This summer I received an unexpected phone call from Charlie, my roommate of 40 years ago, who
called to tell me that he was getting married. He was a bit startled when one of my first questions was whether he and his new bride had considered the question of "marrying their libraries."
My question arose because I had recently been reading Anne Fadiman's delightful 1998 book Ex Libris: Confessions of a Common Reader. I'll let her explain:
A few months ago, my husband and I decided to mix our books together. We had known each other for ten years, lived together for six, been married for five. Our mismatched coffee mugs cohabited amicably; we wore each other's T-shirts and, in a pinch, socks; and our record collections had long ago miscegenated without incident, my Josquin Desprez motets cozying up to George's Worst of Jefferson Airplane, to the enrichment, we believed, of both. But our libraries had remained separate, mine mostly at the north end of our loft, his at the south. We agreed that it made no sense for my Billy Budd to languish forty feet from his Moby-Dick, yet neither of us had lifted a finger to bring them together. We had been married in this loft, in full view of our mutually quarantined Melvilles. Promising to love each other for richer or for poorer, in sickness and in health—even promising to forsake all others—had been no problem, but it was a good thing the Book of Common Prayer didn't say anything about marrying our libraries and throwing out the duplicates. That would have been a far more solemn vow, one that would probably have caused the wedding to grind to a mortifying halt. We were both writers, and we both invested in our books the kind of emotion most people reserve for their old love letters. Sharing a bed and a future was child's play compared to sharing [our books]...Charlie's response to my question was that he and Susan had blended their libraries long ago, so I knew then that their marriage was destined for success.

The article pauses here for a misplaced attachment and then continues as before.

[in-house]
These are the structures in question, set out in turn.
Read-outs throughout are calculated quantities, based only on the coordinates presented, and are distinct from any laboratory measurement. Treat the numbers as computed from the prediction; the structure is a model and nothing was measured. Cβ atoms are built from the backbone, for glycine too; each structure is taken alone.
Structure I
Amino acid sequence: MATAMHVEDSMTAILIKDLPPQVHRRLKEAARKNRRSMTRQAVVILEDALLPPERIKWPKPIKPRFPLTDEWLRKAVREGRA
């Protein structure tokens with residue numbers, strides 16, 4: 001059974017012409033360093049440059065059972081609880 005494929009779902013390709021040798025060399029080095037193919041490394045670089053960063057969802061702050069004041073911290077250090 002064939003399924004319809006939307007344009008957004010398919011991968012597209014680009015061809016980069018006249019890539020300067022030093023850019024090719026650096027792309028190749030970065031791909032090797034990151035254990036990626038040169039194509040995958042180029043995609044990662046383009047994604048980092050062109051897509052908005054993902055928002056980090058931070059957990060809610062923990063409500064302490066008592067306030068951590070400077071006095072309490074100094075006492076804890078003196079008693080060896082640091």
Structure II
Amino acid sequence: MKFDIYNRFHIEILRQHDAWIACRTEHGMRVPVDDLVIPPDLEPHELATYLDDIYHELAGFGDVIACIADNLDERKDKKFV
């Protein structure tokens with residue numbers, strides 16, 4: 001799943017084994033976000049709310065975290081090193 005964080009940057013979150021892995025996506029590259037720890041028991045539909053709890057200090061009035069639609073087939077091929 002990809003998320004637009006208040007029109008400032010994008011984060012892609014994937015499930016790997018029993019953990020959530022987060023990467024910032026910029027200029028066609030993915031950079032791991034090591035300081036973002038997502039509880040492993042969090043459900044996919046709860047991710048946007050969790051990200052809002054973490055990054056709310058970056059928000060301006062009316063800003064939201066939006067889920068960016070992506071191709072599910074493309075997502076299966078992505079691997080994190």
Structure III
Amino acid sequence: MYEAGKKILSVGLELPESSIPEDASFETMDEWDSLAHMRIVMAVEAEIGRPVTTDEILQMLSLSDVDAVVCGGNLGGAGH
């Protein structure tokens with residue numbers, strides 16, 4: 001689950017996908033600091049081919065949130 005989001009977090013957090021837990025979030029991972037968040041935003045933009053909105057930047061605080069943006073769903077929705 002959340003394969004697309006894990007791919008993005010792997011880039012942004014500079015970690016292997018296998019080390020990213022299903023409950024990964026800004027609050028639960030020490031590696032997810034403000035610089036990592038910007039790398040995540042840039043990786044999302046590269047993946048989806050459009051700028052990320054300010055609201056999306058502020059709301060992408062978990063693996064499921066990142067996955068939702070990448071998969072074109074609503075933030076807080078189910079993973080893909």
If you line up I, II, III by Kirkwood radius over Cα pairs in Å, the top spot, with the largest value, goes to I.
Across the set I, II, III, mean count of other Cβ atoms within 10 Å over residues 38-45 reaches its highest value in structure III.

By far the hardest task came toward the end of the week, when we sorted through our duplicates and decided whose to keep. I realized that we had both been hoarding redundant copies of our favorite books “just in case” we ever split up. If George got rid of his beat-up copy of To the Lighthouse and I said goodbye to my genital-pink paperback of Couples, read so often in my late teens (when Updike’s explorations of the complexities of marriage seemed unimaginably exotic) that it had sundered into a triptych held together with a rubber band – well, then we would clearly have to stick together for good. Our bridges would be burned.
The embedded photo, btw, is of a bookcase in my home office. I used that image in the introductory post for the series of about 40 posts I wrote featuring bookcases and libraries in the homes of readers of this blog. It is a wonderful collection of eclectic libraries, and well worth your perusal. Maybe I should fire up that topic again with more photos and stories from recent readers.